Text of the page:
Influenza Virus Titration, Antigenic Characterization, and Serological Methods for Antibody Detection
This chapter describes some commonly used methods of influenza virus titration, antigenic characterization, and serological methods by antibody detection. These methods are essential not only for virus characterization but also for identifying new antigenic variants, vaccine strain selection, and sero-epidemiologic studies of influenza virus transmission and prevalence. Virus titration methods such as the hemagglutination assay, 50% egg or tissue culture infectious dose, and plaque assay are employed to determine the amount of virus particles in a sample. The hemagglutination inhibition assay is a reliable, relatively simple and inexpensive technique to antigenically characterize isolates of influenza viruses. Serological methods such as virus neutralization and hemagglutination inhibition are the fundamental tools used in sero-epidemiologic studies of influenza virus transmission and prevalence and in the evaluation of vaccine immunogenicity. While serological methods rarely yield an early diagnosis of acute influenza virus infection, well-timed, paired acute, and convalescent serum samples may establish the diagnosis of a recent influenza infection even when attempts to detect the virus are negative.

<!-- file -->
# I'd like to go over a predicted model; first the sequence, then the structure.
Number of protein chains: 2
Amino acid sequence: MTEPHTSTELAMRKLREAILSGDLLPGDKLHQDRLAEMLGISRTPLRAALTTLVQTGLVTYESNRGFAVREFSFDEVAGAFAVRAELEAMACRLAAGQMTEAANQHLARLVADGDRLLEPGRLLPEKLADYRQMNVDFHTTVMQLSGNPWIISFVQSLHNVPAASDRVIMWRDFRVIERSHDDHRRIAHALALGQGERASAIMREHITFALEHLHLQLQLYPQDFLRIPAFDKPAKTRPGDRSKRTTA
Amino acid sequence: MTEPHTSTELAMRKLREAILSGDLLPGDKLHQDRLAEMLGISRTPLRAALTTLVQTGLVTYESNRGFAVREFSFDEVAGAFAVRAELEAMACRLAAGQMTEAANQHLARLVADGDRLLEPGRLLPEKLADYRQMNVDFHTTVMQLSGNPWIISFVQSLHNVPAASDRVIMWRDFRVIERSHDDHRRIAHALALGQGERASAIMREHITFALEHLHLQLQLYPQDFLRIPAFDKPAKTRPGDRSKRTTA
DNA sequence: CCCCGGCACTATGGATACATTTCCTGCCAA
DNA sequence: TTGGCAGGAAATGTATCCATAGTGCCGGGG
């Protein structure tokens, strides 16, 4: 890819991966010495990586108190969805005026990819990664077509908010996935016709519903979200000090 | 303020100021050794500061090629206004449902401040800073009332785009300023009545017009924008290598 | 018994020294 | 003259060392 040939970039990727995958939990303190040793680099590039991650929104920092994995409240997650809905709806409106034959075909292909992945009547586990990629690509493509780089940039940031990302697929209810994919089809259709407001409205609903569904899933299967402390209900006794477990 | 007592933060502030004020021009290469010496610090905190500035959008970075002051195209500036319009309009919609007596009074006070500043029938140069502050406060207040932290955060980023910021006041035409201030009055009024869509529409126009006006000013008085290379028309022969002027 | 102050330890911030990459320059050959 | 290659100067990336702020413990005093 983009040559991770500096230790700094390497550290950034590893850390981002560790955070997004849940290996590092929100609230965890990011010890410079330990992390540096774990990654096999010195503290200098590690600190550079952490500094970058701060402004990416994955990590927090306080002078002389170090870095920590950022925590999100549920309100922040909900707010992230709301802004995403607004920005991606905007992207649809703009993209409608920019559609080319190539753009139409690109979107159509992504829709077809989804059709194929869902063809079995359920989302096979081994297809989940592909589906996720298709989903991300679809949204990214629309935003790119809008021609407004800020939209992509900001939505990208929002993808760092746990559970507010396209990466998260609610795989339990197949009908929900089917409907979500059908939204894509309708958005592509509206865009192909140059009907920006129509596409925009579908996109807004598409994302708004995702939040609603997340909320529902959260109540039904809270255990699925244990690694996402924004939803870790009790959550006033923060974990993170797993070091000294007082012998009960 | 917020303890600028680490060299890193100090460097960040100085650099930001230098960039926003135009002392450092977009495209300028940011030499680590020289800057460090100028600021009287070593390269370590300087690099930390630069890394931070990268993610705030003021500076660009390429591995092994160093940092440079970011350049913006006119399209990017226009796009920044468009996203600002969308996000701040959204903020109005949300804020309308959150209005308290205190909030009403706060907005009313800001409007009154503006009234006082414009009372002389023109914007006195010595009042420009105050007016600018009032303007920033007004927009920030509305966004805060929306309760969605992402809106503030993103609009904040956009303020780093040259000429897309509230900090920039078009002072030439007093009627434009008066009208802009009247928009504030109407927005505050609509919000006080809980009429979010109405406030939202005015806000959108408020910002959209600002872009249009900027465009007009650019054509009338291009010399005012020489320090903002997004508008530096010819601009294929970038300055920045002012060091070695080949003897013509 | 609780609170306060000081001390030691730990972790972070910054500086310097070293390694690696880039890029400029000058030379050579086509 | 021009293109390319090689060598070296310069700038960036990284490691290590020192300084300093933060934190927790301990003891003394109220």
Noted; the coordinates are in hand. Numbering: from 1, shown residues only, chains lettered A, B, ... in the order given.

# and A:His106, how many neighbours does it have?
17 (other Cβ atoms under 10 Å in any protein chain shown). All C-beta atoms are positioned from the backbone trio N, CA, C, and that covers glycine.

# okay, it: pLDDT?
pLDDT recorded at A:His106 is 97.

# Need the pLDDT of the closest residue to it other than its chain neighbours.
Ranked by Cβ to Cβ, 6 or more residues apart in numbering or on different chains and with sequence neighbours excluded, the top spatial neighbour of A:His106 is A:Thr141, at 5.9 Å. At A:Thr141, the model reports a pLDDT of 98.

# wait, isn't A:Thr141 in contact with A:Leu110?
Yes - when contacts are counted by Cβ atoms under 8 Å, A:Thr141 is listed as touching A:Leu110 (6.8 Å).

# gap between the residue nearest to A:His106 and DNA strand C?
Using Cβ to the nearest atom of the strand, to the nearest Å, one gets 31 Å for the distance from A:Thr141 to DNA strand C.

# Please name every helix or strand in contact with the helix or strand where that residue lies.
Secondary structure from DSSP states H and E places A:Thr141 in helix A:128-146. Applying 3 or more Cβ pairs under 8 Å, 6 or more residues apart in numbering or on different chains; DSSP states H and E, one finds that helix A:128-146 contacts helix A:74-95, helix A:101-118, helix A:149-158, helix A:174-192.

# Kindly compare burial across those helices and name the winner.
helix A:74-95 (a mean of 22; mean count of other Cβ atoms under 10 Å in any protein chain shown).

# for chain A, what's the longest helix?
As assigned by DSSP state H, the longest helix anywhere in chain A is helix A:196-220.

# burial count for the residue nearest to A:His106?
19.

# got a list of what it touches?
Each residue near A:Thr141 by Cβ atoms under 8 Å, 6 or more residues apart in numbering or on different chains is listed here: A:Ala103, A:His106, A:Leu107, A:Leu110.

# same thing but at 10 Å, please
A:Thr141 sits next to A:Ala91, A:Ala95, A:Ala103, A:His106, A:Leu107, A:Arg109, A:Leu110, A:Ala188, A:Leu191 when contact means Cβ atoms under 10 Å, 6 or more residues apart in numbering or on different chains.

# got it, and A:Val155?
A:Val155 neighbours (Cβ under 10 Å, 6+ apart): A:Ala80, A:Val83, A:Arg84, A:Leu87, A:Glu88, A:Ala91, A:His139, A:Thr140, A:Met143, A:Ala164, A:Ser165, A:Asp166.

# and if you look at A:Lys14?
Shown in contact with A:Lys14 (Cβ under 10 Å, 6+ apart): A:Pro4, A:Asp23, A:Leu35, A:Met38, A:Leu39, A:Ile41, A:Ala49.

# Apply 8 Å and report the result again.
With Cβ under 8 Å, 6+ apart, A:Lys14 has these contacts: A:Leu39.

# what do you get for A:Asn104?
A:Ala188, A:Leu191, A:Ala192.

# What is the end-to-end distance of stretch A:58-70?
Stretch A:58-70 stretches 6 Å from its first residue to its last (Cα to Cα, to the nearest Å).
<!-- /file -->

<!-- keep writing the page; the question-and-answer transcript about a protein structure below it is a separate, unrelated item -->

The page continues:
Key wordsVirus titration Hemagglutination assay Plaque assay 50% Egg infectious dose Hemagglutination inhibition assay 50% Tissue culture infectious dose Microneutralization Virus neutralization Neutralizing antibodies Influenza
The microneutralization protocol presented here is based on the work of Thomas Rowe and others who developed the original microneutralization protocol for avian influenza H5N1 viruses. Thanks is expressed to Yaohui Bai and Li Cronin for their work determining the number of MDCK cells needed to obtain flasks of cells at the appropriate confluency for the microneutralization assay.
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